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UA receives grant to protect construction workers

Haley Herfurth

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The U.S. Occupational Safety and Health Administration has awarded the UA College of Continuing Studies division of environmental and industrial programs a $191,000 grant to help improve workplace safety in construction-oriented companies in the South.

            According to OSHA, falls kill more people in the construction industry than any other work-related safety issue. The University will use the Susan Harwood Targeted Topic Training Grant to combat this statistic by raising awareness about work safety with local companies in both Alabama and Mississippi.

Darrell Dechant, executive director of the division of environmental and industrial programs in the College of Continuing Studies, says that the grant will be used to help develop fall safety and health management classes that will be free to local residential, commercial and industrial construction companies.

            “We’re going to work closely with construction-oriented organizations like the Alabama Associated General Contractors and Alabama Home Builders Association, and the same organizations in Mississippi, and we’re going to offer [the programs] to whomever in their organizations wants to take it,” Dechant said. “So, it will be sort of a travelling training show.”

            However, Dechant says that while employees have always been made aware of fall protection and work safety, the University wants to present the issue in a different way.

            “Everyone knows about fall protection,” Dechant said. “The message of fall protection has been around forever. Everybody’s had fall protection training, yet the deaths never stop coming.”

            Chris Ammons, a crane operator for Hardin Construction who has been working on the University’s newest phase of the Science and Engineering Center, said that while he never received formal fall protection training, he still feels adequately informed of the danger.

            “It’s not required that each person go to a certain training school,” Ammons said. “When I went to work with Hardin, they gave us a safety manual that goes through each aspect of safety for that company. It has one section about fall protection that says you’re required to inspect your harness on a daily basis.”

            Workers on the construction site are required to wear body harnesses that have two lanyards that must stay hooked onto the structure at all times. For instance, when a worker is moving around a column, they unclip one lanyard, clip it to the opposite side of the column, move around, unclip the second lanyard and clip it in on the side of the column they are now on. Ammons calls this “100 percent tie off.”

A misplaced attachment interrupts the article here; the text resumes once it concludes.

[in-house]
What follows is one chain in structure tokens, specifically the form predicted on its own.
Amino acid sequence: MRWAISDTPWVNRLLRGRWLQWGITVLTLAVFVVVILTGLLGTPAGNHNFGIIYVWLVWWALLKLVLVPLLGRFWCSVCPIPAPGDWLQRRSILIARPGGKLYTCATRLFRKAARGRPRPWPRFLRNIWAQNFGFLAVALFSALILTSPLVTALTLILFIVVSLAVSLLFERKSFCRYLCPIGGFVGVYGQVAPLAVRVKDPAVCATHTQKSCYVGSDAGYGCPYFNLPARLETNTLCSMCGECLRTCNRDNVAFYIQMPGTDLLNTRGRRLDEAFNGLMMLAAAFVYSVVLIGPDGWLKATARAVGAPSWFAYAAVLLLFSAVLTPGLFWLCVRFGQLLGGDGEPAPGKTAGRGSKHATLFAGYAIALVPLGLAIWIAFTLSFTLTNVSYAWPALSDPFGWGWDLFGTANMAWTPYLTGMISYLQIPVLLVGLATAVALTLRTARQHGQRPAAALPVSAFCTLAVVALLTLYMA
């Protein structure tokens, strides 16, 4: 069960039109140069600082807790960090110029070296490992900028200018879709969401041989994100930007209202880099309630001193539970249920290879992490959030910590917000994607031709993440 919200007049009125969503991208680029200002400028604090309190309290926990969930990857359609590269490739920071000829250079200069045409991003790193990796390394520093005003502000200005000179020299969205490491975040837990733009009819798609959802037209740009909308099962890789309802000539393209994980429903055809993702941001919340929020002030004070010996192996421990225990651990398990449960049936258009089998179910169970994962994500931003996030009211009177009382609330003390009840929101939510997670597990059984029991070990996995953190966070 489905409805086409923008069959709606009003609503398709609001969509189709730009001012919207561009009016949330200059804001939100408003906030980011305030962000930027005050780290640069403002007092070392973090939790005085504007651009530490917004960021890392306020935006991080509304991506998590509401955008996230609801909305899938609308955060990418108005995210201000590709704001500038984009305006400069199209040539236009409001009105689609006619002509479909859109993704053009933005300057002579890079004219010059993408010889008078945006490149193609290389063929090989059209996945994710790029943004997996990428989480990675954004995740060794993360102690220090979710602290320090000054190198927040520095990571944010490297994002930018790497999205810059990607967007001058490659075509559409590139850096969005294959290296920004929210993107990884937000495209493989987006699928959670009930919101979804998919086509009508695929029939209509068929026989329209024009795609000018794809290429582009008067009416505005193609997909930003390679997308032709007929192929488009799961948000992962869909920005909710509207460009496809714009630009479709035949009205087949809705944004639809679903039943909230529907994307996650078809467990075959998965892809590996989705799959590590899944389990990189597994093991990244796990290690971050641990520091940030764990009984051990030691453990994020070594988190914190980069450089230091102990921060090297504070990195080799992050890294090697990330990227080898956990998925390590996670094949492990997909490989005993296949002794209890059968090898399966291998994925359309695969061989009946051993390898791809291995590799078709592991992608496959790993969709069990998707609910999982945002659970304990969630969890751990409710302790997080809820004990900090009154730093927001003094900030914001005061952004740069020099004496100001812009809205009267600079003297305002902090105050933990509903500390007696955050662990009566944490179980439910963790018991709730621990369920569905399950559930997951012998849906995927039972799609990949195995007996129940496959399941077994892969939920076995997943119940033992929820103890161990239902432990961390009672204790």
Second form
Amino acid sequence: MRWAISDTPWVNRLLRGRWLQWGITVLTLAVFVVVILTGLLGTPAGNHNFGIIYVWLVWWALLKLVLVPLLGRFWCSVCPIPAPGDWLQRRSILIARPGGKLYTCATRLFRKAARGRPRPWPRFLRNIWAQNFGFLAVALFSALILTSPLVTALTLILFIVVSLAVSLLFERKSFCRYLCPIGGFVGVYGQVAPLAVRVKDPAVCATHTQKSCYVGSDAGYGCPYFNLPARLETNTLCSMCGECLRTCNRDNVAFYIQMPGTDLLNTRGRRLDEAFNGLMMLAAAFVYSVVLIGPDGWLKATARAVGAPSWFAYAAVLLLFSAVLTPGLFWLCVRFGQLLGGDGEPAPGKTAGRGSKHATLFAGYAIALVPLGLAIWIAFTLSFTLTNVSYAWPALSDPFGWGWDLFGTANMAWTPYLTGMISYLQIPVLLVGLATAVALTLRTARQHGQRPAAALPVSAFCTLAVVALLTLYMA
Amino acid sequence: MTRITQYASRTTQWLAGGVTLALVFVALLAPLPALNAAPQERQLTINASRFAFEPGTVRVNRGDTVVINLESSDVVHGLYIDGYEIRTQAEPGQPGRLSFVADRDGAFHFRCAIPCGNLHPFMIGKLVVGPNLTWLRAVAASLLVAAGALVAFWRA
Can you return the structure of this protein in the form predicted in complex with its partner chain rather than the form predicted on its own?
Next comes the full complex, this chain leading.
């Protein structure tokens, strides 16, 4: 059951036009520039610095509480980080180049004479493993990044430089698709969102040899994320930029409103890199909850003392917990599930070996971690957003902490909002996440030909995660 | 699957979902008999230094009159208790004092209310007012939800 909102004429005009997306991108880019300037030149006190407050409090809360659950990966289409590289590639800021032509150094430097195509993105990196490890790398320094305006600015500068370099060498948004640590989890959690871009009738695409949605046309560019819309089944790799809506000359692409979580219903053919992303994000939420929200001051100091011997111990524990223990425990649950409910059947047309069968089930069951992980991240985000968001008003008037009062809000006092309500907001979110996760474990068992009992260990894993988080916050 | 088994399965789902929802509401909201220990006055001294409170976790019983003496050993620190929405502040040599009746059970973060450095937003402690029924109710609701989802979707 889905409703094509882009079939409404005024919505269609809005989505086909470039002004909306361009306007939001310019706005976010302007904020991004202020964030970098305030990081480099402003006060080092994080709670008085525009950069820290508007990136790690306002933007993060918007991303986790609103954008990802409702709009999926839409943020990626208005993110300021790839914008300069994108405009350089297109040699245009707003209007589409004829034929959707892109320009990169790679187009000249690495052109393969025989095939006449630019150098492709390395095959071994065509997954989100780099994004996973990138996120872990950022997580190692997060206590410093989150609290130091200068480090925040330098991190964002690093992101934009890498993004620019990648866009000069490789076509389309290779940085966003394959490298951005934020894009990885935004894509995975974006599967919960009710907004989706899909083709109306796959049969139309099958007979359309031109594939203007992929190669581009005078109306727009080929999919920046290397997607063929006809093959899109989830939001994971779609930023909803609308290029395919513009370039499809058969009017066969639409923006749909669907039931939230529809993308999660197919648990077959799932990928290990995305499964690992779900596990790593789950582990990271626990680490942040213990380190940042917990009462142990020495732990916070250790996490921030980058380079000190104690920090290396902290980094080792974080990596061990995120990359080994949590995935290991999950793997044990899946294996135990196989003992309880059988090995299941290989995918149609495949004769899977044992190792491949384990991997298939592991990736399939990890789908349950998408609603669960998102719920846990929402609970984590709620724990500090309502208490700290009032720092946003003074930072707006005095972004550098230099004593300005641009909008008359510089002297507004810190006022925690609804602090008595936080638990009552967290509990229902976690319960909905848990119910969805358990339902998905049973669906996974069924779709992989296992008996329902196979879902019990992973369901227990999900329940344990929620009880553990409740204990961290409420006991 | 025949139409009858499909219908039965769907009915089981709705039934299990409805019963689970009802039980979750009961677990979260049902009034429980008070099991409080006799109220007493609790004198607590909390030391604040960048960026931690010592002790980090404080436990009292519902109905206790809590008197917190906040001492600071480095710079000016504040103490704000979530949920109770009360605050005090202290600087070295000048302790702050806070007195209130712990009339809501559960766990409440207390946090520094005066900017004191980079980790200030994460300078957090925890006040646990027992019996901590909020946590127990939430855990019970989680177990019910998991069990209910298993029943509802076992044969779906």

Ammons considers this a great improvement from the belts construction workers used to wear. They were only made up of one lanyard and workers generally only tied them on for personal benefit.

            “Years ago, they didn’t have these strenuous policies,” Ammons said. “You had a belt with one lanyard on it. If you were leaning back on a column, you wrapped it around that column and tied it back off to yourself so you could use both hands. That’s what it was mainly used for. It wasn’t for safety.”

Ammons said the punishment is severe enough to prevent people from violating the rules regarding tying off.

            “One of the things that can get a person for safety violation fired quicker than anything is to be caught not tied off,” Ammons said.

            While Ammons does not discount the importance of formally learning work safety, he thinks the best way to learn is from experience and from watching others.

            “You learn it as you go,” Ammons said. “In my opinion, that is an effective measure because most of the time when people start out, they don’t put them up right away. You start out on the ground and you work your way up. You see what other people do.”

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UA receives grant to protect construction workers